Sec. Extreme Microbiology
Volume 10 - 2019 | https://doi.org/10.3389/fmicb.2019.00379
Editorial: Thermophilic and Halophilic Extremophiles in Eurasian Environments
- 1State Key Laboratory of Biogeology and Environmental Geology, China University of Geosciences, Wuhan, China
- 2State Key Laboratory of Biocontrol and Guangdong Provincial Key Laboratory of Plant Resources, School of Life Sciences, Sun Yat-Sen University, Guangzhou, China
- 3Southern Laboratory of Ocean Science and Engineering, Zhuhai, China
- 4Department of Biological Sciences, University of Bergen, Bergen, Norway
- 5Leibniz Centre for Agricultural Landscape Research, Müncheberg, Germany
- 6Faculty of Biology, National University of Uzbekistan, Tashkent, Uzbekistan
Editorial on the Research Topic
Thermophilic and Halophilic Extremophiles in Eurasian Environments
Saline/hypersaline and thermal ecosystems are typical extreme environments. Microbial diversity, ecological function and adaptation in (hyper)saline and thermal ecosystems are attracting more attentions due to the following reasons: (1) (hyper)saline and geothermal ecosystems are analogs to certain extreme environments on early Earth and/or other planets and are thus suitable environments for analog studies on life origin and evolution and extraterrestrial life exploration; (2) microbial community complexity is relatively low in (hyper)saline and thermal ecosystems and thus they are often treated as model ecosystems for environmental microbiologists and biogeochemists to study how microbially mediated element cycling and biogeochemical processes respond to environmental variables (e.g., salinity, temperature); and (3) (hyper)saline and thermal ecosystems are inhabited by abundant and diverse microbial resources that have extensive biotechnological and commercial values.
The Eurasian continent possesses geologically and physiochemically diverse and unique terrestrial saline/hypersaline and thermal environments, which in general have been investigated for microbiology and biogeochemistry to a less extent than those in America. However, research results from Eurasian (hyper)saline and thermal ecosystems are essential to the field. Recently, a series of significant advances have been made on microbial diversity, ecological functions, and biogeochemistry in Eurasian (hyper)saline and thermal ecosystems with the use of next generation sequencing, omics technologies, and interdisciplinary collaboration.
We proposed this Research Topic to highlight the current advances and knowledge related to thermophilic and halophilic extremophiles in Eurasian environments. In this Research Topic “Thermophilic and Halophilic Extremophiles in Eurasian Environments” we accepted 11 original research articles that focus on microbial diversity and ecology, microbe-environment interactions, adaptation and evolution, element cycling, and potential biotechnological and industrial applications of thermophiles and halophiles from Eurasian environments. We are grateful to all authors who have contributed to this Research Topic. We are also grateful to all reviewers and editorial staff who have contributed during the reviewing and article production processes.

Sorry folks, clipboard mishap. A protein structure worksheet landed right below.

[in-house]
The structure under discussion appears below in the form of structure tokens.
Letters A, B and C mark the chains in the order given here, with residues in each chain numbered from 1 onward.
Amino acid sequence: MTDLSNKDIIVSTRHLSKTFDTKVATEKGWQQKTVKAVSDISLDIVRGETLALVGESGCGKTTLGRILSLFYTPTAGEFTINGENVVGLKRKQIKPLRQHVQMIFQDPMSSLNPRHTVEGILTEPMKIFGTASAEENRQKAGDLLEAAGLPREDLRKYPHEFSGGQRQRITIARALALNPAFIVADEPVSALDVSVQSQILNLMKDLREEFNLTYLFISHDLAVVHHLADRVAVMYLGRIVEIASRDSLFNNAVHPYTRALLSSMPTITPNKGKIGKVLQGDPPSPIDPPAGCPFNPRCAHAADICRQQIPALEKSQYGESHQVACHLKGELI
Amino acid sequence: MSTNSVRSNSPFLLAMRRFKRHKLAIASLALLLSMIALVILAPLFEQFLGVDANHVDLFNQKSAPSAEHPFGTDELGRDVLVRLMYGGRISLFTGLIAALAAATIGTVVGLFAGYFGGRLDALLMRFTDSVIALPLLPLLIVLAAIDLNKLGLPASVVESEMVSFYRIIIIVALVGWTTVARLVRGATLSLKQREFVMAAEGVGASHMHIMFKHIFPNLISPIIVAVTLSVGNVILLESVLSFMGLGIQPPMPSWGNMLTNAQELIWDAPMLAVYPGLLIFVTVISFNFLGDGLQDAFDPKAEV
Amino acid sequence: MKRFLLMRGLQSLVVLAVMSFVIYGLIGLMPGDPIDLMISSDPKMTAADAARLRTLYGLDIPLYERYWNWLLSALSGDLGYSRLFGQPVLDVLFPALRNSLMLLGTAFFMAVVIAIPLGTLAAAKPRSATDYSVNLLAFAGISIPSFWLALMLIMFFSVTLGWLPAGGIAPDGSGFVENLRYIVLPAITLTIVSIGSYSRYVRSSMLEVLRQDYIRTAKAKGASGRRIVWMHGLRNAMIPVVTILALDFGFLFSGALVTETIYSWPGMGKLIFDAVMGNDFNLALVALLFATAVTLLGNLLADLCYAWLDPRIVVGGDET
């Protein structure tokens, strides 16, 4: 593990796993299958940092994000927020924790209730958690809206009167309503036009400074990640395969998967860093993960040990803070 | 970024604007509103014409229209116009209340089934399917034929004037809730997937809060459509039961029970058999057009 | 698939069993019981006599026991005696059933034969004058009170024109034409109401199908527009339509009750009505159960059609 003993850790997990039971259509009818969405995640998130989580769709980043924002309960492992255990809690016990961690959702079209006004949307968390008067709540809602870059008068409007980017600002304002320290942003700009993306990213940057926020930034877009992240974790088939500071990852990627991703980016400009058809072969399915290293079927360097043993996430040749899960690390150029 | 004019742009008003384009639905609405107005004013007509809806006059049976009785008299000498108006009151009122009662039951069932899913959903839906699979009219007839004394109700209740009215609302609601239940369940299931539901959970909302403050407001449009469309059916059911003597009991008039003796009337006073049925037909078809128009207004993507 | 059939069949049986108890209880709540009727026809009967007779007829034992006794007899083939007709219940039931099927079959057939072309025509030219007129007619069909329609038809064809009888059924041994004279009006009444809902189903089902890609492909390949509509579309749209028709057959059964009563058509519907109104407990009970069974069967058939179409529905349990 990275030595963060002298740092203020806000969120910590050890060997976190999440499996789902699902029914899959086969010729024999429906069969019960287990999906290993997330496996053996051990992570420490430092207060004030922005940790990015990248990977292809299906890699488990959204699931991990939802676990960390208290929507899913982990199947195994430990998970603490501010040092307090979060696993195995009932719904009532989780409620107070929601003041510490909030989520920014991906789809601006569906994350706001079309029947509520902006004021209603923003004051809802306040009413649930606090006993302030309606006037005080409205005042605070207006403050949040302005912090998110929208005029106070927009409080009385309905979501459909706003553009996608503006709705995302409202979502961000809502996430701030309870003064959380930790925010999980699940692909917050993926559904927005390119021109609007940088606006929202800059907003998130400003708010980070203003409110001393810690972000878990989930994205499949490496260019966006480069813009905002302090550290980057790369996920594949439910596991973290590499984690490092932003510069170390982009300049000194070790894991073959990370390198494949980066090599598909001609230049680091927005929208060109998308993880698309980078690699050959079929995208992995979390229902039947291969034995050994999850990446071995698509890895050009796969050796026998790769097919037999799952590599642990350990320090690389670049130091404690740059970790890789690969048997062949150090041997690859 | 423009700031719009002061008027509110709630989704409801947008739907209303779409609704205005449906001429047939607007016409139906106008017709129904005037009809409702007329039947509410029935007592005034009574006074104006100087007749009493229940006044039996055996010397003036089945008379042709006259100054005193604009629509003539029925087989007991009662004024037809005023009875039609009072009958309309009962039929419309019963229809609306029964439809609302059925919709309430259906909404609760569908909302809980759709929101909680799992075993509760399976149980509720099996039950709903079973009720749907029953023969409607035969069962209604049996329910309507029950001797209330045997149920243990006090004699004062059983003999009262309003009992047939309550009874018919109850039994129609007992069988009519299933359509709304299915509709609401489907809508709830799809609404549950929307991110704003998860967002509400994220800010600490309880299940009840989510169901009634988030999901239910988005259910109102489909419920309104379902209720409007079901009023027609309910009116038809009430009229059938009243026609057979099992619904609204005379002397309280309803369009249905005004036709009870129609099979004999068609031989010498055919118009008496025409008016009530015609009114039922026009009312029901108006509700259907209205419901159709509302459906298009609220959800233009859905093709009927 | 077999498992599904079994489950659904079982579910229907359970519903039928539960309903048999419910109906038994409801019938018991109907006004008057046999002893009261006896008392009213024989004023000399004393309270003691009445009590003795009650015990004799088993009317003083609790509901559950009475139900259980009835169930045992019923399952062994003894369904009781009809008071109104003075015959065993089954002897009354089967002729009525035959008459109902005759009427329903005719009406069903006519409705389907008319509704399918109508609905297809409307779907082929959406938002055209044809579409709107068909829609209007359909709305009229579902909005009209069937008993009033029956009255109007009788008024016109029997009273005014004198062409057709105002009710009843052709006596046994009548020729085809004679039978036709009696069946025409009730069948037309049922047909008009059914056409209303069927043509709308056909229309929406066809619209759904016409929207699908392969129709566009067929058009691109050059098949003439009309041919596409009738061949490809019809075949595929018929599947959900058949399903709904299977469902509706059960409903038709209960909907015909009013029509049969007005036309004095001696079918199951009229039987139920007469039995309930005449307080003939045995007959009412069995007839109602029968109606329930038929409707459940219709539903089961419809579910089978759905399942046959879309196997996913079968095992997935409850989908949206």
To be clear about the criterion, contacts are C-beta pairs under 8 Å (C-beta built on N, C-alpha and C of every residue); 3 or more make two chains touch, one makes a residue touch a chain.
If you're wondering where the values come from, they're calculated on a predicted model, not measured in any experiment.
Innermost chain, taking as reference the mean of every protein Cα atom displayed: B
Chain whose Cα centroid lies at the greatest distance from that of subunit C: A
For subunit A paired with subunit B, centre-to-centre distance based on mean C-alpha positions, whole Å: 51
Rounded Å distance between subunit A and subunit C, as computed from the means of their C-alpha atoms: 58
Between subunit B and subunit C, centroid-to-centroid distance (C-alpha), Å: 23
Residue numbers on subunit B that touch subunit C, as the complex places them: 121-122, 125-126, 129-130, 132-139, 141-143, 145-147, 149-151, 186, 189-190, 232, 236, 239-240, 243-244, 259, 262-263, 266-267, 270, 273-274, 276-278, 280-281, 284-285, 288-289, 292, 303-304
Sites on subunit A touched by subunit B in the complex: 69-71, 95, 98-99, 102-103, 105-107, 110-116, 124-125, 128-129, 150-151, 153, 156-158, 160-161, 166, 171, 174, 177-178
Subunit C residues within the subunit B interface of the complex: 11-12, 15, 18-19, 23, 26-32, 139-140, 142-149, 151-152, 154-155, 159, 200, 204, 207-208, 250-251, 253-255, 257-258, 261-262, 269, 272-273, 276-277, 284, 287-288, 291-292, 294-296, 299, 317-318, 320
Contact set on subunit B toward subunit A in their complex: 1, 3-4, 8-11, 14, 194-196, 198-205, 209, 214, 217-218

In addition, this Research Topic is one of the special issues set up at the fifth and sixth annual meetings of the Chinese Society of Geomicrobiology (CSG), which is an academic exchange platform for Chinese and international geomicrobiological scientists of related disciplines including mineral petrology, mineral deposits, paleontology, organic geochemistry, molecular paleontology, biogeochemistry, petroleum geology, microbiology, and ecology. This Research Topic is also one of the designated targets of the project “Network for improving research-based higher education in basic and applied microbiology,” funded by the Norwegian Eurasia program, using extremophiles as model microorganisms.
Among the accepted articles in this Research Topic, four and seven of them are about halophiles/microbial studies in (hyper)saline ecosystems and thermophiles/microbial studies in thermal ecosystems, respectively. Among the articles related to halophiles/microbial studies in (hyper)saline ecosystems, Liu et al. disclose the osmo-adaptive mechanisms of halophilic endophytic fungi from the molecular perspective. Yang et al. characterized Microbial benthic algal community structures in saline and hypersaline lakes and assessed how they were influenced by spatial and environmental factors on the Qing-Tibetan Plateau. Liu et al. reported that macro- and micro-elements predominate in shaping prokaryotic and fungal diversity and community composition in hypersaline sediments and saline-alkaline soils. Al-Mailem et al. found that addition of ferric sulfate and proline could assist halophilic/halotolerant soil microorganisms to tolerate high concentration of heavy metals, which could be potentially employed in bioremediation of spilled oil.